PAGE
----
The Chronicle Herald in Nova Scotia has locked out Typographical Union members (the workers who run the printing presses). It is rough times at the Herald as the paper also recently locked out workers in its press room. The paper's management has made it clear that it is more interested in trying to break the union than find sustainable solutions for its operations. The union has asked readers to cancel their subscriptions for as long as the workers are locked out. Progressive organizations have also stopped doing interviews with the paper.

More: Herald union asks readers to cancel subscriptions for duration of lockout Take Action

University of Toronto teaching assistants on strike

6,000 post-doctoral fellows, graduate students and undergraduates have been on strike since Friday night. At a general meeting of approximately 800 members, CUPE 3902 Unit 1 voted to reject the tentative agreement. Their sister local, CUPE 3903 at York University, have a strike deadline set for Monday evening and continue to bargain though the weekend. Graduate student workers have had enough trying to support an underfunded university system while continually being taken advantage of by university administrations. Check the links below to find out how to provide support, either online or on the picket line.

Follow on Twitter: @cupe3902

More: CUPE 3902 Website

More: CUPE 3903 website and final offer

Homophobia rampant in politics

In Ontario, Liberal sex education reform – a long time coming – has driven Progressive Conservatives to replace unions with gays, lesbians and oral sex as the top evil in Ontario.\ \ Meanwhile, in Ottawa the Conservative-controlled and unelected senate has killed a bill that would have given basic human rights to trans* people – one that had already been passed by the democratically elected house.\ \ Taken together you would be forgiven for checking the date. Yes, it is 2015, but pre-Victorian attitudes still abound on the Right.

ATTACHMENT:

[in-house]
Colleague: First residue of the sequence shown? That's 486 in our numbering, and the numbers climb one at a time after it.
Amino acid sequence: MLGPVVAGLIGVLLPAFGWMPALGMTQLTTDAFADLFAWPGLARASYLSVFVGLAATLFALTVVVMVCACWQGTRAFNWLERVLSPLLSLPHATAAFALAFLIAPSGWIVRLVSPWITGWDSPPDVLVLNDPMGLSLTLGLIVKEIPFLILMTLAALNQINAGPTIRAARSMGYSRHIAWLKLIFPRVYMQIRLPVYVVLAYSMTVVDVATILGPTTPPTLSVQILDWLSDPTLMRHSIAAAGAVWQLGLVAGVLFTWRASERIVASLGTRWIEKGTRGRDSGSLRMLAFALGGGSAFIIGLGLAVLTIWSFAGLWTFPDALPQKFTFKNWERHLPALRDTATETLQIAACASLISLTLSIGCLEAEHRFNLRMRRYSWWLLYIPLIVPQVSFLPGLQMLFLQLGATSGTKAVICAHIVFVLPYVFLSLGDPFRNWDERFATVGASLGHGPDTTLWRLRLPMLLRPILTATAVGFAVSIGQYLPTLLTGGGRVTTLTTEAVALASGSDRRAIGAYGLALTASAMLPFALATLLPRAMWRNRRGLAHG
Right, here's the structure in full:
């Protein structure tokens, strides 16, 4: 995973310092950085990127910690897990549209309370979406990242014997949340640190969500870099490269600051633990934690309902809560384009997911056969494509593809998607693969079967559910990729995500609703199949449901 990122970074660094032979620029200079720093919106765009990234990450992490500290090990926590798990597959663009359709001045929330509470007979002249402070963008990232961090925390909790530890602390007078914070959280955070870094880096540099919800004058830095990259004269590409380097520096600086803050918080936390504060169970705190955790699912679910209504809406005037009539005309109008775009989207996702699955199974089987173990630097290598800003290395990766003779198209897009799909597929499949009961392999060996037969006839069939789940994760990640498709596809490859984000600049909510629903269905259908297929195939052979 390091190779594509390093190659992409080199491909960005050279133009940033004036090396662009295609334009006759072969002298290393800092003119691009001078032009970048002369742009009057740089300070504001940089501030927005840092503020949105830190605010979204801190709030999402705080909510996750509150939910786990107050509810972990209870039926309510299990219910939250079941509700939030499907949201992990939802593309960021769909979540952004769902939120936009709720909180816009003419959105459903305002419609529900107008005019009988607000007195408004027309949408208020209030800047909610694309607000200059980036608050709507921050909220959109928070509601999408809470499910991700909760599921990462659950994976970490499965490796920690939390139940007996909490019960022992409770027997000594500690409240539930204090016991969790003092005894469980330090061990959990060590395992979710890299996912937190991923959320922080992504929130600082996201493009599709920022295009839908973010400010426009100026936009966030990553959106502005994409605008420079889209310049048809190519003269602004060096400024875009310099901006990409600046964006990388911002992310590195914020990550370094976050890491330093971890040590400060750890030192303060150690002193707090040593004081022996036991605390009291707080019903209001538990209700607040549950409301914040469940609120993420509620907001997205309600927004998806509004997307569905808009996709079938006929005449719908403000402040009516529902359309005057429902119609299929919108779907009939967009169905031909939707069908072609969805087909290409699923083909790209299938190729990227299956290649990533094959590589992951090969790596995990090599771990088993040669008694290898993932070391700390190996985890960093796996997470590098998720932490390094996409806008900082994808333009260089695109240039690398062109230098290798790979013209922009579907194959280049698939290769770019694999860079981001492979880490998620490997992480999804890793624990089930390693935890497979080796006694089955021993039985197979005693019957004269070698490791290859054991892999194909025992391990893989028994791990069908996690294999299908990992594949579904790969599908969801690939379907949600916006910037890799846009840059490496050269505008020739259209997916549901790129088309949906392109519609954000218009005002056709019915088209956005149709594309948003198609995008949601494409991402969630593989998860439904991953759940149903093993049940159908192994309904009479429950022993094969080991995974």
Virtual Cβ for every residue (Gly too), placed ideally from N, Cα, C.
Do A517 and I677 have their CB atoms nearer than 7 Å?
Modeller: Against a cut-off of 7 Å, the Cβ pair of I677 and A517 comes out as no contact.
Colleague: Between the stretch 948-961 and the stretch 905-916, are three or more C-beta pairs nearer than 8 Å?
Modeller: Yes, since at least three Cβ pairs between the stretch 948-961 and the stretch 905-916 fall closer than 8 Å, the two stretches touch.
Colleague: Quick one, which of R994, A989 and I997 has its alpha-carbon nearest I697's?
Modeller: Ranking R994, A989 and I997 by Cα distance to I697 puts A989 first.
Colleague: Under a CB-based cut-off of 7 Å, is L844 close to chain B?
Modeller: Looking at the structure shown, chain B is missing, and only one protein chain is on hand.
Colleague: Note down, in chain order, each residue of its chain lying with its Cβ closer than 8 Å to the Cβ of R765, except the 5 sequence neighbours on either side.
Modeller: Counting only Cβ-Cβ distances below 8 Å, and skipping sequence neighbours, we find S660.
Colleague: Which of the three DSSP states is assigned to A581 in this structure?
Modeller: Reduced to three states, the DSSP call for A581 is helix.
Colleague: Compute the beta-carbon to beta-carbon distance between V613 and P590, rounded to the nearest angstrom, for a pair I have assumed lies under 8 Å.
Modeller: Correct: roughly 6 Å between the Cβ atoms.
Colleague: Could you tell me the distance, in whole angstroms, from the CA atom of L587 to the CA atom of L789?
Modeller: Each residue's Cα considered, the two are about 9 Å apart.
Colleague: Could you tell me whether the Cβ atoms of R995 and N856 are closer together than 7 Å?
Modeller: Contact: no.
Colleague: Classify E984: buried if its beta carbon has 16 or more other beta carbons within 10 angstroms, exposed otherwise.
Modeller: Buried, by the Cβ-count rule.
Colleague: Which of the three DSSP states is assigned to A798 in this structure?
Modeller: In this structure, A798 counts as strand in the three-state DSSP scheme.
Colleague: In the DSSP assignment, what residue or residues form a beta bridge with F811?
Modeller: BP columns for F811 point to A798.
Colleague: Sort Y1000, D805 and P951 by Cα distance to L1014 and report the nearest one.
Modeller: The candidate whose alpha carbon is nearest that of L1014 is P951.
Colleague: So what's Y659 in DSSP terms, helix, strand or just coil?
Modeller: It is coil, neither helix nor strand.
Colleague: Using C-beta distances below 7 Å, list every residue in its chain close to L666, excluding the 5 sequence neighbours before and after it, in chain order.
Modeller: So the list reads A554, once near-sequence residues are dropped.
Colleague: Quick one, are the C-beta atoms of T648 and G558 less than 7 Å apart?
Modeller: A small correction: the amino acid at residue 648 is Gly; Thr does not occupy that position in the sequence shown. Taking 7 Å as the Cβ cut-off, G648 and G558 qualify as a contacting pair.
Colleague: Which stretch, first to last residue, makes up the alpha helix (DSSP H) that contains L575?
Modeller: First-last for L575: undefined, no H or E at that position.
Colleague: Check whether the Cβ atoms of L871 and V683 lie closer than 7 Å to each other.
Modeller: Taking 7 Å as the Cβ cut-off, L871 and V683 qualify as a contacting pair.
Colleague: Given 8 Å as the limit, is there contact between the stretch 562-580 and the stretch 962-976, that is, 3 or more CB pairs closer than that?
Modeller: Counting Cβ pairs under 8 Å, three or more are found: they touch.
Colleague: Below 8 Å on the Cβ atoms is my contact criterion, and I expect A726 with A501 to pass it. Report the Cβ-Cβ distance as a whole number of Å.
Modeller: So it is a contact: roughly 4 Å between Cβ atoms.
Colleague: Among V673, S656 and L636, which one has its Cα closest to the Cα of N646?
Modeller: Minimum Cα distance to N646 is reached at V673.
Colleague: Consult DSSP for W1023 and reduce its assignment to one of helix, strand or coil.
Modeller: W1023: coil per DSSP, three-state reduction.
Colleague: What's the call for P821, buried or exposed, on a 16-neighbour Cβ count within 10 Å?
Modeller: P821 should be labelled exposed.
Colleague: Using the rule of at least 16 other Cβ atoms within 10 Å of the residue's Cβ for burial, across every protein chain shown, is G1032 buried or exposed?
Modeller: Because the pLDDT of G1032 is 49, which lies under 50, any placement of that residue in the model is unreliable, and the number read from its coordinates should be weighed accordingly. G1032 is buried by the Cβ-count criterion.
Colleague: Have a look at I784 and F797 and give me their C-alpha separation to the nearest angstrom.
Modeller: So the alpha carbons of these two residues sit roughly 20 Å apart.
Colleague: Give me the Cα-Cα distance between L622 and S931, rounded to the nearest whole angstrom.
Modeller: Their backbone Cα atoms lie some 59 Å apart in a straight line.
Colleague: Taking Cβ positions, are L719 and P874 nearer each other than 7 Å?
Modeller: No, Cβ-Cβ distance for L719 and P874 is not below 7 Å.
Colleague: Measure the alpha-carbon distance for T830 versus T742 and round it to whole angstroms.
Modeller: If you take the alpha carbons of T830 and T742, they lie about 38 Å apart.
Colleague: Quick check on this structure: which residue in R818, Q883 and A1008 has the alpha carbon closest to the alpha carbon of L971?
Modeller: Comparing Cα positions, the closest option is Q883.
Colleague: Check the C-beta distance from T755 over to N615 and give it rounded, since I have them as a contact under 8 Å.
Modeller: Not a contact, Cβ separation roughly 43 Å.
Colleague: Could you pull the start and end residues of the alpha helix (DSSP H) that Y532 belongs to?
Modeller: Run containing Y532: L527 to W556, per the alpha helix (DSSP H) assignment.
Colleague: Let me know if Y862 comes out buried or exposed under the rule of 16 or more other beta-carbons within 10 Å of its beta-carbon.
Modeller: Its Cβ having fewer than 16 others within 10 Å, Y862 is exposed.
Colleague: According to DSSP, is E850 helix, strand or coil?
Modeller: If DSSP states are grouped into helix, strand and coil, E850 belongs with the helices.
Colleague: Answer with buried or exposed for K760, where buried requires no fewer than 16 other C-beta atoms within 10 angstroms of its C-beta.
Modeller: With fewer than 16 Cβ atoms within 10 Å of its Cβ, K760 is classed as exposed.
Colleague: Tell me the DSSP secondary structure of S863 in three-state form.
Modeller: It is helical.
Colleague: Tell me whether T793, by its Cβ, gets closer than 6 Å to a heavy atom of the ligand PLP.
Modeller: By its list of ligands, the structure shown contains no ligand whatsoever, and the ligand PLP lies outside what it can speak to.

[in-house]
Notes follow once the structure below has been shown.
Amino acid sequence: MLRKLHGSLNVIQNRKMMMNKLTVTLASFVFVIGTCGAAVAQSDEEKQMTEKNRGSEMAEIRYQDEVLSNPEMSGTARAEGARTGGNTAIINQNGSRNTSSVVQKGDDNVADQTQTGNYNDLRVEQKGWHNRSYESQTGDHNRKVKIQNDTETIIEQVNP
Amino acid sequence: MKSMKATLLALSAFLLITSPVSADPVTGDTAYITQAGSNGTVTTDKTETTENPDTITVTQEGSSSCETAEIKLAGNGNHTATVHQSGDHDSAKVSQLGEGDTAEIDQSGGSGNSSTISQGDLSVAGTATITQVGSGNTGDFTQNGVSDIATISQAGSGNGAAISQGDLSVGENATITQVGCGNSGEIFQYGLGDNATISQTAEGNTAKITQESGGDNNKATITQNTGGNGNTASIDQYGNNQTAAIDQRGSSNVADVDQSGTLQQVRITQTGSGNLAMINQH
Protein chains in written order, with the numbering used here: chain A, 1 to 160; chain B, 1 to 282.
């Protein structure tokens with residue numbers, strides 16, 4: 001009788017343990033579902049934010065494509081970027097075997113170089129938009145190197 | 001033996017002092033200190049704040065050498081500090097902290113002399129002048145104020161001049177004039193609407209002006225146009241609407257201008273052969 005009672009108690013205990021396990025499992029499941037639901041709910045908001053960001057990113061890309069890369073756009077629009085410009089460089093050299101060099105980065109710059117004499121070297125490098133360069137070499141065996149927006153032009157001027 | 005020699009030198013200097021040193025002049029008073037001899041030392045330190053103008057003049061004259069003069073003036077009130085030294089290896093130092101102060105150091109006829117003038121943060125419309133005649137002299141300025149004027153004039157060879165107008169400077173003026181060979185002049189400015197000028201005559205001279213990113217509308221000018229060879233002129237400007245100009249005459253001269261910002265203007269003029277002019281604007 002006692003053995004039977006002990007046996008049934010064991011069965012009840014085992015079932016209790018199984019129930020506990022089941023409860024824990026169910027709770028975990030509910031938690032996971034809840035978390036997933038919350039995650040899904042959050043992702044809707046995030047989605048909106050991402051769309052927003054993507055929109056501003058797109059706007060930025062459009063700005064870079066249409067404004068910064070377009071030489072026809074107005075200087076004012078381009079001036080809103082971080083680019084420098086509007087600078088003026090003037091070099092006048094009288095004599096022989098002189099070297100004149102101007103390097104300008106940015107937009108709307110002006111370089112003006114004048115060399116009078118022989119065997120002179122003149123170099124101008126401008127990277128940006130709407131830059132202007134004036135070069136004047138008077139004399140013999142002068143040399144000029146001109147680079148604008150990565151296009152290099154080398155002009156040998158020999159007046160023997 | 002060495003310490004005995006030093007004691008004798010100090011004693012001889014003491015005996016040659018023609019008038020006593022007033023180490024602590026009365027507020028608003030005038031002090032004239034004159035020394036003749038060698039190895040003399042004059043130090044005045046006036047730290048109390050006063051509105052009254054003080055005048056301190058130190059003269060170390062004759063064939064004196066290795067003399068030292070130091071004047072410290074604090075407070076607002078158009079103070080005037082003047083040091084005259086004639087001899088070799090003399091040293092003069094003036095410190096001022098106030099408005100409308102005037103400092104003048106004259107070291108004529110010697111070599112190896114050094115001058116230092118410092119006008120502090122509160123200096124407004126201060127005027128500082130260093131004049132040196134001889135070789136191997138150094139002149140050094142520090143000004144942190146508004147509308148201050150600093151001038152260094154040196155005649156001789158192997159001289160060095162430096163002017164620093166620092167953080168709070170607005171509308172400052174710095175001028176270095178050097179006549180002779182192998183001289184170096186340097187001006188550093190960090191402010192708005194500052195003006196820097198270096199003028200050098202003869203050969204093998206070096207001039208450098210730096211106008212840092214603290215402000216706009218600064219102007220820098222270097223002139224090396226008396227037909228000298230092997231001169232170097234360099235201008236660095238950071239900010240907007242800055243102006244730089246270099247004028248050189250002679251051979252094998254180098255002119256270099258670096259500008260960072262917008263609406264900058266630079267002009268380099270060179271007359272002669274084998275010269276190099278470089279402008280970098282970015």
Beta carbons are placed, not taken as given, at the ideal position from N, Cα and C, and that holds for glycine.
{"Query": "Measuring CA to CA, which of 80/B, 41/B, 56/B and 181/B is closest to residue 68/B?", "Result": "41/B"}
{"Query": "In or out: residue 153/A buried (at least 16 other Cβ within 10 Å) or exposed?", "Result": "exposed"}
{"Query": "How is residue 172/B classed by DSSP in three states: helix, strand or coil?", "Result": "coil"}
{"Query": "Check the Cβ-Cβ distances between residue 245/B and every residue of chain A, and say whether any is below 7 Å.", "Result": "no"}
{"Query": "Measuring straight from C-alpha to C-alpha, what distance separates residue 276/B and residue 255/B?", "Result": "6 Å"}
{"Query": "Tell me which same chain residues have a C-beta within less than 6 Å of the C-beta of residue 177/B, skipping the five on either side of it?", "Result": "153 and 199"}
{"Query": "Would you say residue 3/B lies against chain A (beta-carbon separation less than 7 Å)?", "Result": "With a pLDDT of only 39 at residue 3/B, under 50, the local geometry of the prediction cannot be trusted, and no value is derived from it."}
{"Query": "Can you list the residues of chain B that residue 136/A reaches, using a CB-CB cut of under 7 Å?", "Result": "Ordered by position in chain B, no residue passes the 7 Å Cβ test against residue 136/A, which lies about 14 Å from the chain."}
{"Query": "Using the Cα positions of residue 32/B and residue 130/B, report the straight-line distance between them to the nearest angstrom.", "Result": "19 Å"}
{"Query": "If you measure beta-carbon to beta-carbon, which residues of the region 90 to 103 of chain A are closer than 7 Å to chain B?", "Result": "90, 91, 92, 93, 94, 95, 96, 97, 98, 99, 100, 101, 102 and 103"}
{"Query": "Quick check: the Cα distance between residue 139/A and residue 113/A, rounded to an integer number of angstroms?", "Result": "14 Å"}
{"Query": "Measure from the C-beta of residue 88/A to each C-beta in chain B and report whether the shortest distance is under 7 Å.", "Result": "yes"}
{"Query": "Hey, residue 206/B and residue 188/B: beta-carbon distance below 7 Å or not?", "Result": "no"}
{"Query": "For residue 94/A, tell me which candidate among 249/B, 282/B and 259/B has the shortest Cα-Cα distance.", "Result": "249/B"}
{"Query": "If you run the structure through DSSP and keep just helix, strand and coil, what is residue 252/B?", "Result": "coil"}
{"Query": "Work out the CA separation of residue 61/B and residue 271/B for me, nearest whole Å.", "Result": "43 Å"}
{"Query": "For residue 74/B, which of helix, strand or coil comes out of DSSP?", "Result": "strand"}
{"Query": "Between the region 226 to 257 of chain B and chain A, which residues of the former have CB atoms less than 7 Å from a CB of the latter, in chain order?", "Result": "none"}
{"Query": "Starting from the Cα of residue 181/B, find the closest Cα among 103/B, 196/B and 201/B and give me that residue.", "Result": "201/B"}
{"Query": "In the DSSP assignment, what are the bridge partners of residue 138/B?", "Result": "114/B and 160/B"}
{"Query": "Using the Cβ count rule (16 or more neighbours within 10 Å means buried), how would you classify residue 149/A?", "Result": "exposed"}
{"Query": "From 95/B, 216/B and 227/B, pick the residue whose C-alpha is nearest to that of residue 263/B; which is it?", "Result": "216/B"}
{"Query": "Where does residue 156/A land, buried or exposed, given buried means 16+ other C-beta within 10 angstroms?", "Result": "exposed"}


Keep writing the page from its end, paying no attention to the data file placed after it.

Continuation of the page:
More: Kathleen Wynne sees homophobia amid sex-ed protests

More: Tell the Senate: Blocking equal rights for transgender Canadians is unacceptableTake Action

Wynne moves to privatize Ontario hydro

In light of the revelations that Ontario Premier Kathleen Wynne is going to try to privatize Hydro One and some of the municipally-owned energy companies, we give you: This Is What Energy Democracy Looks Like from the Rosa Luxemburg Stiftung.

Video: This Is What Energy Democracy Looks Like

More: Keep Hydro Public

More: Ontario Liberals seduced by privatization schemes: Walkom

BC Liberals hate students (especially those who want drivers licences)

Want to drive to work to make some money and pay down your student debt? Not so fast, if you live in BC. The provincial Liberals are thinking of denying driver's licences to those with student debt. Obviously, this doesn't make any sense at all. The burden of student debt is one created by the government through systemic underfunding of universities and colleges. Policies such as this will hurt the economy, cost jobs, oh, and drive more youth into poverty. 

More: Have unpaid student loans? Proposed law wants you to pay up, or risk being denied drivers licence

More: Canadian Federation of Students: Punitive ICBC Policy Will Cost Jobs And Increase Loan Defaults

More: Canadian Federation of Students: Minister’s student debt numbers don’t add up

Vancouver-area cities hold referendum on transit investment

Still in BC: A referendum is being held throughout the Vancouver-area with citizens being asked whether local governments should invest more in public transit. An unusual strategy that comes with some additional cost and risk, engaging citizens directly in a referendum is a great way to talk about an economic vision that is grounded in the community.

More: It’s time to say yes to investing in our growing regionTake Action

Cold comfort for those on strike in Hay River